• No we need to moderate as Stupid.

      I can see a very simple reason.
      You are hiring a lot of people (Including some non-technical people) These non-technical people who are good at what they do, however they do not necessarily know all the cool alternatives to the systems that they have been using for decades.

      You put a job Requirement Asking for Experience with Google Docs or worse Open/Libre Office. You will get a lot of Accountants, Marketers, Sales... Who have no idea what the heck you are talking about and

      • by ArsonSmith (13997)

        That makes about as much sense as a job posting for a truck driver saying Ford F150 preferred, only because the Ford F150 is the most common truck in the world.

        • by bmcage (785177)

          That makes about as much sense as a job posting for a truck driver saying Ford F150 preferred, only because the Ford F150 is the most common truck in the world.

          Never heard of it, never seen it. Pretty sure I'm on Earth somewhere.

  • Google Apps (Score:5, Informative)

    by squiggleslash (241428) on Thursday December 27, 2012 @03:36PM (#42405729) Homepage Journal

    ...is a corporate domain-based user management system that's web based, with particular attention made in integrating it with GMail. What I suspect is that the submitter confused it with Google Docs. Google Docs is integrated with Google Apps (as is YouTube) but it's not Docs, any more than Active Directory is Excel.

    Is this a serious Google branding issue? I can kinda understand the confusion, just as I can the whole "Google Voice is trying to compete with Vonage!" crap - that's a voicemail and forwarding service on steriods service people, not a VoIP service (Google Talk is the VoIP service.) Though that said, if you don't actually use a product enough to know what it is, why mention it?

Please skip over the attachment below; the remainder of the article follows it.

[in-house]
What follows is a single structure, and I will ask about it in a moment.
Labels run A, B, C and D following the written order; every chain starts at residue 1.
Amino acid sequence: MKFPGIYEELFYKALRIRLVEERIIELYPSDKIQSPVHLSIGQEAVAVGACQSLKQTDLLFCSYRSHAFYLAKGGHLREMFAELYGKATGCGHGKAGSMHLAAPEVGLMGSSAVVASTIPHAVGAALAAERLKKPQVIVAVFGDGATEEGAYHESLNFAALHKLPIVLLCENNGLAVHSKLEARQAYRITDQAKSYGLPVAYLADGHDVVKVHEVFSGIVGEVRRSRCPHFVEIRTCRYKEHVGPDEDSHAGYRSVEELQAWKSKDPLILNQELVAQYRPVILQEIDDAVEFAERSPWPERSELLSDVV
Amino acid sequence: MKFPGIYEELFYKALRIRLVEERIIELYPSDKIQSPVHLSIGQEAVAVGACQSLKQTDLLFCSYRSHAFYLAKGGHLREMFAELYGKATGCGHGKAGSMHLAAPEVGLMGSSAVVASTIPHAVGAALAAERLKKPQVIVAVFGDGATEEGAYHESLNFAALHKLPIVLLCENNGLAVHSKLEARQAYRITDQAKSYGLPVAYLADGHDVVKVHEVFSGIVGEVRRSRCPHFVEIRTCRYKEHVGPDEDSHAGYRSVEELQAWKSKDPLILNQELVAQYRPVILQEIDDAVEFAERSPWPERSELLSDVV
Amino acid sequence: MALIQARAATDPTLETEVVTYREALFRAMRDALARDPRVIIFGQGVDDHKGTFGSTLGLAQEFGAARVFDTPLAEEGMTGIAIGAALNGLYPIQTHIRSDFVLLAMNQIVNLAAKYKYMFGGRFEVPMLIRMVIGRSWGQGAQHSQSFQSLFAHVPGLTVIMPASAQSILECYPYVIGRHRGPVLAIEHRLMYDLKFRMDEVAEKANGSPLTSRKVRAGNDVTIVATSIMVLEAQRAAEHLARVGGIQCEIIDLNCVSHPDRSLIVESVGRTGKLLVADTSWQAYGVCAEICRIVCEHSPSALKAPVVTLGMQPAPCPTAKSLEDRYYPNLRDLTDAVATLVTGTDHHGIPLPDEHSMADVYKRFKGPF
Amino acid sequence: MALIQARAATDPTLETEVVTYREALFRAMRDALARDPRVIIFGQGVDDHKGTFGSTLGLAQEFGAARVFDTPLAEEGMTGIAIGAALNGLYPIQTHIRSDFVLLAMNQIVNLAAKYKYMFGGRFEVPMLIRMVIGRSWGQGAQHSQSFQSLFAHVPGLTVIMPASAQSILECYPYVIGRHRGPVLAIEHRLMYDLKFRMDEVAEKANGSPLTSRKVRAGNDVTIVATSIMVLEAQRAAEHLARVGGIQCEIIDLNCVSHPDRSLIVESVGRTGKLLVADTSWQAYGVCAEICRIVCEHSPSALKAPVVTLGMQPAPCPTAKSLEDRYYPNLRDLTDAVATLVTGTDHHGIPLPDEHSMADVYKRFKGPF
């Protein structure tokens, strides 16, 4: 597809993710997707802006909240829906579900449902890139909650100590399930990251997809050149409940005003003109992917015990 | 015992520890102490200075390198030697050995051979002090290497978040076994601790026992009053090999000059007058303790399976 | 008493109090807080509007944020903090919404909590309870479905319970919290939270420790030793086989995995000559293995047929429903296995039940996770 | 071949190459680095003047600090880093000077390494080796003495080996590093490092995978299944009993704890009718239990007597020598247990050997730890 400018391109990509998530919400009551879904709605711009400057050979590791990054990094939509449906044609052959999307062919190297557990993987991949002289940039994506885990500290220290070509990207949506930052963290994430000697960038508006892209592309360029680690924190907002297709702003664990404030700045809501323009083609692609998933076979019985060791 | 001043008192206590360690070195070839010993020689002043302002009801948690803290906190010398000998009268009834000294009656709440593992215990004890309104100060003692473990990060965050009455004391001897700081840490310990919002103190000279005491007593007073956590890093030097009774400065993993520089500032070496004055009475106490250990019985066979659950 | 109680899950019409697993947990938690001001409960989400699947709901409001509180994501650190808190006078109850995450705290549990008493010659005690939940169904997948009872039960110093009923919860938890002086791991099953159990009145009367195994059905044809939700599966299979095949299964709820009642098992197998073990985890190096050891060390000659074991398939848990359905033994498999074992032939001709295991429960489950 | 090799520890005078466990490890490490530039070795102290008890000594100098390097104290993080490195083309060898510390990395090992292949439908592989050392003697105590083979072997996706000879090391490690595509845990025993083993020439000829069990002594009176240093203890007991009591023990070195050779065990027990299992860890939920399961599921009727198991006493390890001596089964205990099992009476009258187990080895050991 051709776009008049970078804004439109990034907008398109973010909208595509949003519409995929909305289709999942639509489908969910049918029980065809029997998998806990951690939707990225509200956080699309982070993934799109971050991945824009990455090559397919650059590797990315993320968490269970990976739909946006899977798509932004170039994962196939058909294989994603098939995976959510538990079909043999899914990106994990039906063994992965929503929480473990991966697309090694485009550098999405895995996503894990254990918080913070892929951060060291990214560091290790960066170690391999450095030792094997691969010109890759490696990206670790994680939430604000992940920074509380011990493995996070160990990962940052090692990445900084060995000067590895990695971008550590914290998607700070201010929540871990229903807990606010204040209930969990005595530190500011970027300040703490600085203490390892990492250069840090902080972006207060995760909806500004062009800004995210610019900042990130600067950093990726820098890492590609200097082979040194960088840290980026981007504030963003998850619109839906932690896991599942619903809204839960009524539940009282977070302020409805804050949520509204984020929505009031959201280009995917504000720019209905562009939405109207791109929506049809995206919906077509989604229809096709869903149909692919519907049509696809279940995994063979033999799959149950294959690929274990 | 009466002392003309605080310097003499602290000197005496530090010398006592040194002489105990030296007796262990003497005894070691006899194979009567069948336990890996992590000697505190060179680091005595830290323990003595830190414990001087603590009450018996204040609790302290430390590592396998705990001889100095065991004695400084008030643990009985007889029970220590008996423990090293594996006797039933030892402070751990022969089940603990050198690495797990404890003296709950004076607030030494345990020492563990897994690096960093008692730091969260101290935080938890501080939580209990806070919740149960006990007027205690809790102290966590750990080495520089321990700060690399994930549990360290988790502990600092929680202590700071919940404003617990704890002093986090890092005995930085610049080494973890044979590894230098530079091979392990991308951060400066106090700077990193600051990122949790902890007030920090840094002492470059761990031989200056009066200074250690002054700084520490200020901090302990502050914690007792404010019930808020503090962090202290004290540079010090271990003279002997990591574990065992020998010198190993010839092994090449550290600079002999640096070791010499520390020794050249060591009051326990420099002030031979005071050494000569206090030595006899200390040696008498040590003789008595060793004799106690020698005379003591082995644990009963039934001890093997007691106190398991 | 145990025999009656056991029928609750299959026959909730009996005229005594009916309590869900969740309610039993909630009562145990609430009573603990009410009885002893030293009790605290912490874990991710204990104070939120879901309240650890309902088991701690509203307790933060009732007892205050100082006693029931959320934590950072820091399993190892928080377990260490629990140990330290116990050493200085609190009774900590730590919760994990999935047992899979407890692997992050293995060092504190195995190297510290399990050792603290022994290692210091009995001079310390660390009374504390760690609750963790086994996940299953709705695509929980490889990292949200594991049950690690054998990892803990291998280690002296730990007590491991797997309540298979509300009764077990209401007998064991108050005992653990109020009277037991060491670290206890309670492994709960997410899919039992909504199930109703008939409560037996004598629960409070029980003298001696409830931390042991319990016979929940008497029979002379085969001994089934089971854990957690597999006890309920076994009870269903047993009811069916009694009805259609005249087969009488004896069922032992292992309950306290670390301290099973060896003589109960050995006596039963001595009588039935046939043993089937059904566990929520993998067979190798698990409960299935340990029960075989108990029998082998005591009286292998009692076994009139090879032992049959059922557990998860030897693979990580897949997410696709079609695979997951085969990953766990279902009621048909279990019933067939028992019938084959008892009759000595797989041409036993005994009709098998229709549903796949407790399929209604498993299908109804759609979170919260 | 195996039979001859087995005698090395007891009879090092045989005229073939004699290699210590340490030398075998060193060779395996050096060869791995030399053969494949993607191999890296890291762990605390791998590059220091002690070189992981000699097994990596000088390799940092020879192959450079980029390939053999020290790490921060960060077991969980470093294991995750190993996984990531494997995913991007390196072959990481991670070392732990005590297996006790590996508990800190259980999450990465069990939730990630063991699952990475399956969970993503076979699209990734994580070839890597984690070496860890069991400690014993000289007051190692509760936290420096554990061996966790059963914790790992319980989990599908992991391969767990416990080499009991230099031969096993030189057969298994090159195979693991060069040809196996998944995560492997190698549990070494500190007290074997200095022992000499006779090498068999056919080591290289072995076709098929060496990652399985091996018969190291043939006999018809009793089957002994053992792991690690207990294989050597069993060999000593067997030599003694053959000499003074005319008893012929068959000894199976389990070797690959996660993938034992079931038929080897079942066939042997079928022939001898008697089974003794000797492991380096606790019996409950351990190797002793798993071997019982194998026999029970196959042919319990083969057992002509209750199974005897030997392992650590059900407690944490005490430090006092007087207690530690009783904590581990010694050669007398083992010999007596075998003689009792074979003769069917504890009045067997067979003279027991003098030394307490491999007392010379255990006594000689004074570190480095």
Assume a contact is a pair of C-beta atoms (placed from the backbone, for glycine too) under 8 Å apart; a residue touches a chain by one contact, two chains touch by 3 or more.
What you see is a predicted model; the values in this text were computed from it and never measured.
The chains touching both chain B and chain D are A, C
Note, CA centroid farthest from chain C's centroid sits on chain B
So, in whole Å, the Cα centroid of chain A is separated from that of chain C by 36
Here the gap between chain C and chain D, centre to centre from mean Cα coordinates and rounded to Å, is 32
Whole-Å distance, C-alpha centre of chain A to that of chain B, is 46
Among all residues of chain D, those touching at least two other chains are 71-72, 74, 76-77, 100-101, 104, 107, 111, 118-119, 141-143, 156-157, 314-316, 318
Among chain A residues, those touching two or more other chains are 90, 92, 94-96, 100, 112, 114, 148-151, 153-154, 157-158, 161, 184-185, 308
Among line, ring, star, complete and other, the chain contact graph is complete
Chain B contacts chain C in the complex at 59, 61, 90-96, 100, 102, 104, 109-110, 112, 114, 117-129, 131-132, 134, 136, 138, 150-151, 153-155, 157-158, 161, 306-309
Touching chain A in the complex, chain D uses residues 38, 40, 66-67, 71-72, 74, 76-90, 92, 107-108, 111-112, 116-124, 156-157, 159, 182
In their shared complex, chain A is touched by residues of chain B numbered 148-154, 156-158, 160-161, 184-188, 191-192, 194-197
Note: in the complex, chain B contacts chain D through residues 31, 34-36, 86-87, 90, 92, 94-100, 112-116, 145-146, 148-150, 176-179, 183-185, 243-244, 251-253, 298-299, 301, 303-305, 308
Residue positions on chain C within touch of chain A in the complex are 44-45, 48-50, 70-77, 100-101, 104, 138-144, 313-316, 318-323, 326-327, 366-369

• by Dahan (130247)

      ...is a corporate domain-based user management system that's web based, with particular attention made in integrating it with GMail.

      Is it? I haven't actually used it, but Google's page [google.com] about it makes it sound like it's a cloud-based office suite: "Google Apps is a cloud-based productivity suite that helps you and your team connect and get work done from anywhere on any device." that includes GMail, Calendar, Drive, Docs, Sheets, and Slides.

      • The page doesn't help either ;-) I'm a Google Apps user, I've used it for a long time. The point they're trying to make, and doing so badly, isn't that "Docs is one of the Google Apps", it's "Docs is fully integrated with Google Apps".

        In reality, GMail is really the major Google service that's more than simply integrated with GA. The others are integrated, supporting users who log in via GA accounts, allowing the account's settings to be managed by a GA administrator, and on occasion providing a few extr

        • by gnapster (1401889)

          The point they're trying to make, and doing so badly, isn't that "Docs is one of the Google Apps", it's "Docs is fully integrated with Google Apps".

          Wut?

          On that page, they seem to be saying, "Here's the apps! Gmail, Calendar, Drive, Docs, Sheets and Slides!" What muddies the water for me is that (on this page) "Docs" only seems to apply to the word processor, not the spreadsheets or anything else. I want to say that they were called Docs, collectively, when introduced, and Docs started to apply to the word processor only when Drive was introduced, but I really don't know for sure. I think GGP is on the right track: it's a branding issue.